There are many reasons a person might consider taking out a personal loan. Sometimes a personal loan is a necessity; for example, if you wreck your car and must purchase a new one. Other times personal loans are obtained for "frivolous" expenses like a boat or RV. Whatever your reason for considering taking out a personal loan, there are several risks you should consider before taking on the debt; such as simply paying too much to compromising your financial independence. It is sensible to think not only tactically - to ensure you obtain the best terms available - but also strategically - to ensure that the loan in question is a sensible use of your hard-earned borrowing privileges.
Some Risks to Consider with Personal Loans Are:
1. Lowering Your Credit Score
A requirement of getting a personal loan is having your credit score run, which can translate to your credit score taking a hit. A decline in your personal credit score may impact your future access to credit, especially when you may need it the most.
2. Repercussions of Pledging Assets
Risks from pledging assets to secure the loan. A personal loan secured by stocks and/or bonds, i.e., a margin loan, could result in your lender liquidating some or all of your securities portfolio at the worst possible time if you are unable to either increase the amount of collateral securing the loan or if you can’t pay down the loan during a major market decline (a margin call).
3. Investment That Don't Pan Out
Underestimating the risks of loss from an investment made with borrowed funds: Leveraged investments magnify profits and losses. Therefore, committing leveraged capital must follow objective analysis that shows there is a higher degree of certainty of positive return than with an unleveraged investment. The one certainty is that the money borrowed will have to be repaid – no matter the profitability of the investment.
4. Negotiating Terms
There are several terms to a personal loan, almost all of which are negotiable. Make sure you don't agree to sub-optimal terms on the following items:
- Interest rate, and how it’s calculated
- Advance rate, i.e. the amount borrowed relative to the value of the collateral (also referred to as loan-to-value, or LTV)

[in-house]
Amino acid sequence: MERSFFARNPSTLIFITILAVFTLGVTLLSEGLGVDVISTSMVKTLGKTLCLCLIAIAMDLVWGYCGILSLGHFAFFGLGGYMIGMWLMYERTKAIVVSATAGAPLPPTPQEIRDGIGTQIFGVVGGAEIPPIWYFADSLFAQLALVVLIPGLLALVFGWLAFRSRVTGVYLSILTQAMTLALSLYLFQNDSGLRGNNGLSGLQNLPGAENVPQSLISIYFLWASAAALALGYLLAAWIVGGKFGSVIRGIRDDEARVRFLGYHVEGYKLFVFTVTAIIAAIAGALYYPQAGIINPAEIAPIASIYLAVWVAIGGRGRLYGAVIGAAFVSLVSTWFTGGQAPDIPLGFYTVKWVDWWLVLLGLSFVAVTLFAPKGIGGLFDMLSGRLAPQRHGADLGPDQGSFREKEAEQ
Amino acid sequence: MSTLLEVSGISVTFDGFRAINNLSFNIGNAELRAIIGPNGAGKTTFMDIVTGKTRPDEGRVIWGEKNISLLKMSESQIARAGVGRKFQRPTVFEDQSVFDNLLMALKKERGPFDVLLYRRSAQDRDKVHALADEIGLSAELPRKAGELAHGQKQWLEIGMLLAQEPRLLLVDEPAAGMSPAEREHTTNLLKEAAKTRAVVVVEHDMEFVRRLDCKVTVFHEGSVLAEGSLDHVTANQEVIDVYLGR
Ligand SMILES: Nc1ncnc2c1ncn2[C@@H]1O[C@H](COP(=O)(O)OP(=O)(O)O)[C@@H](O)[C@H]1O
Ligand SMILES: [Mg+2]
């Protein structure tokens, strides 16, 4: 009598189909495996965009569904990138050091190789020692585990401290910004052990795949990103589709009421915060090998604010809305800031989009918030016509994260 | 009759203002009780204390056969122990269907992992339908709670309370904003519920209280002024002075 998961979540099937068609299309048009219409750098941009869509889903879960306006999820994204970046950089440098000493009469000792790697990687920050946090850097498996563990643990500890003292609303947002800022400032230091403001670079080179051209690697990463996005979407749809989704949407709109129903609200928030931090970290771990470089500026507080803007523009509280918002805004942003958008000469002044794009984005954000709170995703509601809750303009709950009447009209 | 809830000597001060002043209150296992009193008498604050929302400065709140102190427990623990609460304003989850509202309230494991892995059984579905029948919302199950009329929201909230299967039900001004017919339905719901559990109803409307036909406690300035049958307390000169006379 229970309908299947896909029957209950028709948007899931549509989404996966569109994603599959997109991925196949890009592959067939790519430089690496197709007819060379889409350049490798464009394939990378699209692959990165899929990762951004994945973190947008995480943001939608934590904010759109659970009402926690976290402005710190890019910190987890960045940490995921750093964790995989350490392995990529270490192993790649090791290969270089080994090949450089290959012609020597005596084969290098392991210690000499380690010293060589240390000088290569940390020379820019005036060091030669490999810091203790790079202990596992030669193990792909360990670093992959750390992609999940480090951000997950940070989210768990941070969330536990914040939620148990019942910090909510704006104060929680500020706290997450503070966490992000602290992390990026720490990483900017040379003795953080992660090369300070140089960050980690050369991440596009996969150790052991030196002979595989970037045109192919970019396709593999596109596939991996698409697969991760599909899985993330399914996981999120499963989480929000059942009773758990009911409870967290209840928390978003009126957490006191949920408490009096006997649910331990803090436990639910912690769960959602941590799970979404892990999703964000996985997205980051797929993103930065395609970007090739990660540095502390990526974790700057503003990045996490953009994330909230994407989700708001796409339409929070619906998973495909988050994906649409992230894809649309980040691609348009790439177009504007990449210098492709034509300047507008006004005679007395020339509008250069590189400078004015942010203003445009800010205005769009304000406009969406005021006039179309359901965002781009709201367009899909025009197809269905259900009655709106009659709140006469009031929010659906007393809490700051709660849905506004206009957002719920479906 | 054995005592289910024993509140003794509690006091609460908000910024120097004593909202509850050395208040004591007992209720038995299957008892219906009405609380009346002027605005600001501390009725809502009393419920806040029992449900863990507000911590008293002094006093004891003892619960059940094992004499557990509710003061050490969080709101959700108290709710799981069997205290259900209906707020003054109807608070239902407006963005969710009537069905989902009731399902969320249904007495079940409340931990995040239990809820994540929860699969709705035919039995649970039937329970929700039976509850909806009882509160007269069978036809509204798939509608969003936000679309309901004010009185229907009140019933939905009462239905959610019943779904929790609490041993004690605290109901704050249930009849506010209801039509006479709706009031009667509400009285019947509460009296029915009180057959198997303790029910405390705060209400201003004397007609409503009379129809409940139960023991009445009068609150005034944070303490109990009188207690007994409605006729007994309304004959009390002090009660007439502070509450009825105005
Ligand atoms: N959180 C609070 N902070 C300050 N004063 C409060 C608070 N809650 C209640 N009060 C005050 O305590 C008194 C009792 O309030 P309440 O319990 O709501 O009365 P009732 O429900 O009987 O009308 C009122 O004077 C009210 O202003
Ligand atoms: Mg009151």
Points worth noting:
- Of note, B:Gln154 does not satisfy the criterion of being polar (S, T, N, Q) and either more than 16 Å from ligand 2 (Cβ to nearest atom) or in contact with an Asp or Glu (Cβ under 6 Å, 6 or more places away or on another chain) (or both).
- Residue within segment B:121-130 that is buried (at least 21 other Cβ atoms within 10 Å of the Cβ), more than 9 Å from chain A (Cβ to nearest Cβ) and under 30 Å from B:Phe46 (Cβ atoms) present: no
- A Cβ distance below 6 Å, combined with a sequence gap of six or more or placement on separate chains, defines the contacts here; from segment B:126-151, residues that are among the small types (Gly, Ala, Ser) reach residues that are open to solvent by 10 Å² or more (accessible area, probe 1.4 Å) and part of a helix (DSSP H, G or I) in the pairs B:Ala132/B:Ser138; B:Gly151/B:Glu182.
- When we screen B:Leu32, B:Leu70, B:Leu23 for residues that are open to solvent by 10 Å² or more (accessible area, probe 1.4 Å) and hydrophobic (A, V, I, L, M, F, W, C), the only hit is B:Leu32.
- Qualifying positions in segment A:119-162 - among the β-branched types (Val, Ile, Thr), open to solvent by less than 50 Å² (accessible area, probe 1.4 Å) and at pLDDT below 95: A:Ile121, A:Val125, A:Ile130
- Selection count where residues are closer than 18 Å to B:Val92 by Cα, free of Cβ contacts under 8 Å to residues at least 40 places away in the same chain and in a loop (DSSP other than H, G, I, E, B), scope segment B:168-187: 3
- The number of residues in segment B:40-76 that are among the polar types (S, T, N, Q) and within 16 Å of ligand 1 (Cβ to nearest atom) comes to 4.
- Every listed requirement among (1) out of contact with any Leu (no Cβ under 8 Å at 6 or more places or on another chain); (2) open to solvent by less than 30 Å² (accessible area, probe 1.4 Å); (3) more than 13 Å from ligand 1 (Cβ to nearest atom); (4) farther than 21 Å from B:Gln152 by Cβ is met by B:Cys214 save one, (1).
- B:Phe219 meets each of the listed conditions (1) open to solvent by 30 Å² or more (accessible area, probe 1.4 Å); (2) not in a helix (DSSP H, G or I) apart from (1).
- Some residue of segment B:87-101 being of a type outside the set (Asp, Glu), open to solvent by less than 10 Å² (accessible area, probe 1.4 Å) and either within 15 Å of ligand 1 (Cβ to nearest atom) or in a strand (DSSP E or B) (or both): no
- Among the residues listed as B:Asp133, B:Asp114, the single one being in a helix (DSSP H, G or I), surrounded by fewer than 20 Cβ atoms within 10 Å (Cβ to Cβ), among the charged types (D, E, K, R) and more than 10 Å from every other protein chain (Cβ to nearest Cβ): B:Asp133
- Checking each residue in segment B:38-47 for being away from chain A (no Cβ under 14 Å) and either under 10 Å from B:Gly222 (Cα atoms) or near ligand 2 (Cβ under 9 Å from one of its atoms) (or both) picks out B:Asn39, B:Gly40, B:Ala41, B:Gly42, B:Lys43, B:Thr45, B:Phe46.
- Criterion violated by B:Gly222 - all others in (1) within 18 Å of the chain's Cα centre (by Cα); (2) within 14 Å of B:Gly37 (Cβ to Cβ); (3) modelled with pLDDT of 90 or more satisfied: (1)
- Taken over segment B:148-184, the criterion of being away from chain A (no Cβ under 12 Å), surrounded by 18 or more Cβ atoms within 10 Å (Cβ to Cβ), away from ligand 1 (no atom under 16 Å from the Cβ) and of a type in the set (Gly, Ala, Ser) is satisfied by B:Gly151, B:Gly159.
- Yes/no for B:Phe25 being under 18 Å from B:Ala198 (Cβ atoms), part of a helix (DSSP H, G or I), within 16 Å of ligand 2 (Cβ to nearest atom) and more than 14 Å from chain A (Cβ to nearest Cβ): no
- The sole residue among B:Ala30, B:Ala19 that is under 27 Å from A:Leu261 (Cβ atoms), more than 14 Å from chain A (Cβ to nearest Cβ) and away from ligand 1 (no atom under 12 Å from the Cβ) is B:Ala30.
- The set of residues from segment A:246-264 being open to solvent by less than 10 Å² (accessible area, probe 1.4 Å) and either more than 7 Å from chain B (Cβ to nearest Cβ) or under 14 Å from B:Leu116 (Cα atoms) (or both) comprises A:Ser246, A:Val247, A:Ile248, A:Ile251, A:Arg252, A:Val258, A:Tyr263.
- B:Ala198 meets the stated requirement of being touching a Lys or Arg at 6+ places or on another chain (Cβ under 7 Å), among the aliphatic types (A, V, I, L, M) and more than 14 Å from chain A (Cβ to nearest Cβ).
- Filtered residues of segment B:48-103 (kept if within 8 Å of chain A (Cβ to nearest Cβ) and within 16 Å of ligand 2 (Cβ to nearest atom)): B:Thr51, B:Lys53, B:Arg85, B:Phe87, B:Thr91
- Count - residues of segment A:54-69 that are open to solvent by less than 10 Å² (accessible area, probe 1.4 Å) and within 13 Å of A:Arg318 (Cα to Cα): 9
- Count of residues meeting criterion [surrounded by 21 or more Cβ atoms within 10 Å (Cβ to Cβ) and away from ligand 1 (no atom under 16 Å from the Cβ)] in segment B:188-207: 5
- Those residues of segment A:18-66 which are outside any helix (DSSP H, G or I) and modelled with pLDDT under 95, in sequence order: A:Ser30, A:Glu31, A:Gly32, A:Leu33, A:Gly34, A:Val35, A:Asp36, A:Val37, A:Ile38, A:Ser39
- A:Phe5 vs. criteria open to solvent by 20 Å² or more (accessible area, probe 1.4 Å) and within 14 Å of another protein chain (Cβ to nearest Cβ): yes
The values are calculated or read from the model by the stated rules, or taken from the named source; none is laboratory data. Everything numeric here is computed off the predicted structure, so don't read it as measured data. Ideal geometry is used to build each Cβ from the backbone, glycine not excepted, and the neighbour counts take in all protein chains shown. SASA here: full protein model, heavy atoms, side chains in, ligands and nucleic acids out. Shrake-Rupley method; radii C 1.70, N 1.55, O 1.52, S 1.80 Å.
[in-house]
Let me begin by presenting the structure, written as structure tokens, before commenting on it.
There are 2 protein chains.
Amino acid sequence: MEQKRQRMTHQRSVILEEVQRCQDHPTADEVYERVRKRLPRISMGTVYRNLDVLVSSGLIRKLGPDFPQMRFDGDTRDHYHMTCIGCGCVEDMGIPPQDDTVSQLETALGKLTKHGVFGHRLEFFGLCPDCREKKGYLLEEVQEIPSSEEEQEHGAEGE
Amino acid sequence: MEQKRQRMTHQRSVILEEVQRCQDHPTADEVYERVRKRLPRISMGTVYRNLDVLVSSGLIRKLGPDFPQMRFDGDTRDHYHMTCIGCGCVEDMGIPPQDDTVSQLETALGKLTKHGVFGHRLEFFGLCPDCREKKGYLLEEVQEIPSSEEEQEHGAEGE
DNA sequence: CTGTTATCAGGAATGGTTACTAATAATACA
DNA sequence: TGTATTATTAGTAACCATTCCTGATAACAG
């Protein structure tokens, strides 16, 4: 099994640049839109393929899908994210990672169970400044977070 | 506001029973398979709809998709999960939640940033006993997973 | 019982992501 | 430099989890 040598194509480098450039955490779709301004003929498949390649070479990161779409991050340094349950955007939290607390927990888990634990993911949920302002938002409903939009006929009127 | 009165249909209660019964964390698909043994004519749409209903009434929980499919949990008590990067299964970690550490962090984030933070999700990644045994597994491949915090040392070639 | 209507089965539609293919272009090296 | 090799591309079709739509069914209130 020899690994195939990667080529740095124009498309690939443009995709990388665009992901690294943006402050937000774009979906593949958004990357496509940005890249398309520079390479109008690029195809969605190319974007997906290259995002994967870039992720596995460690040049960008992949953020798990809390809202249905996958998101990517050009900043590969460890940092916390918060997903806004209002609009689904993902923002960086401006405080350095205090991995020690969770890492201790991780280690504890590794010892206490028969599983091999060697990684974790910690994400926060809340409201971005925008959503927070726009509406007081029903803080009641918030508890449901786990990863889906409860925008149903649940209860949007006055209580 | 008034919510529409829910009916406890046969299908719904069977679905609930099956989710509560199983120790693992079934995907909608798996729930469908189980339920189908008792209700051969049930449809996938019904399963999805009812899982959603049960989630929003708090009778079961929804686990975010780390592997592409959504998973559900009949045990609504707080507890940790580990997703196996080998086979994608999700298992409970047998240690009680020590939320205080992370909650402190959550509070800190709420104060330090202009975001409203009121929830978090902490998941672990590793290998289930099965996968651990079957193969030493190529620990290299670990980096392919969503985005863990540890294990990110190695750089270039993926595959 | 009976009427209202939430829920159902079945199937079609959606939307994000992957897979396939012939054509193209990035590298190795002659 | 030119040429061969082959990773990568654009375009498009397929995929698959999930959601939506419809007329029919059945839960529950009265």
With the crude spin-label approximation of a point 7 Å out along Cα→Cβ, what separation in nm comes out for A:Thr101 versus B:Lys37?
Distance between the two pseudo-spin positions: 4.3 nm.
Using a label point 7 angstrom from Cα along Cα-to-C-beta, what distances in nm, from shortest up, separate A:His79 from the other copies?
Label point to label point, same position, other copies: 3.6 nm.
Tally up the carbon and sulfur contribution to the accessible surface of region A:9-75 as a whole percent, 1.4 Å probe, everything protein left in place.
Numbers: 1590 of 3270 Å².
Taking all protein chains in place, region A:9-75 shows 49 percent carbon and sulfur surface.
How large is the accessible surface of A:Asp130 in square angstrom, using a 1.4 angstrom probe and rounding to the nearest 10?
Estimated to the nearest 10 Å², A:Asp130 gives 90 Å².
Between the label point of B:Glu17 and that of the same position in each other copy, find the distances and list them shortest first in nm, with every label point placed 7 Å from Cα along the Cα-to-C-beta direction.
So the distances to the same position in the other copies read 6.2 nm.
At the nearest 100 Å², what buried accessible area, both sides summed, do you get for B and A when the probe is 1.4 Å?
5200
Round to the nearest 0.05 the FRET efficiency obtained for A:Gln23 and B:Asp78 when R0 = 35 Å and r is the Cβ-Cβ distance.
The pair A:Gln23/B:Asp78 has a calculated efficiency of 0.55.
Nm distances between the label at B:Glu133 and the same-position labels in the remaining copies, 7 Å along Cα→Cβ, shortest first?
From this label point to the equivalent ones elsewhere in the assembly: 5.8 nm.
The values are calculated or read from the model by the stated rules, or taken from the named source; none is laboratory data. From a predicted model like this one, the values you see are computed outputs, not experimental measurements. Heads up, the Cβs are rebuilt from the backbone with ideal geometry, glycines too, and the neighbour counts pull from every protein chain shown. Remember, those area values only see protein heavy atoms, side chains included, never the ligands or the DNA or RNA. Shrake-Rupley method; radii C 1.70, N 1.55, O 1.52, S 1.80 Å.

- Personal guarantees
- Co-signer requirements
- Up-front fees
- Pre-payment fees
- Rescission terms (see below), etc.
First, prioritize the loan terms most important to your situation, e.g., is longer maturity more important than the lowest rate? Then, shop around for the deal that provides the best set of terms for you.
It is advisable to develop relationships with at least a few potential lenders: conventional and within the so-called ‘FinTech‘ community of on-line lenders. If you have good credit, many lenders will want your business, as they are hungry now to make good loans.
5. Acting Rashly
According to Bankrate, Inc., “A little-known power called the "right of rescission" gives borrowers the ability, in certain circumstances, to cancel their loan deals within three days, no questions asked, and walk away.”1 Allow yourself this time to fully consider the pros and cons of taking out a personal loan and don’t be shy about cancelling if you have a change of heart. Do what’s best for you!
6. Reduced Financial Flexibility
Taking out a personal loan is a major commitment that can compromise your ability to meet other obligations that you have, perhaps even your ability to make ends meet. A personal loan, if not paid back per its terms, can become a financial nightmare:the lender can charge double-digit default interest and fees, including the cost of collection and legal fees all of which could result in you owing multiples of the original principal amount.
We recommend you build a spreadsheet to compare all the costs and benefits of the personal loan vs. the use of the funds. We also suggest you make a checklist of as many qualitative factors involved in the decision to borrow as you can think of.
With this disciplined process you will have more comfort in the decision to take on the financial commitments of a personal loan, or you may even decide it's either not worth it or it's better to wait for a superior opportunity.
About the Author
Marc Katz is a former managing director of Lehman Brothers’ and Bank of America’s debt capital markets risk solutions groups. He has extensive daily experience in the management of complex financing arrangements as well as fixed income trading. Marc also has an inside knowledge of the debt transactions for some of America’s leading companies; including taxable and tax exempt investment, leasing, private placements and hybrid securities.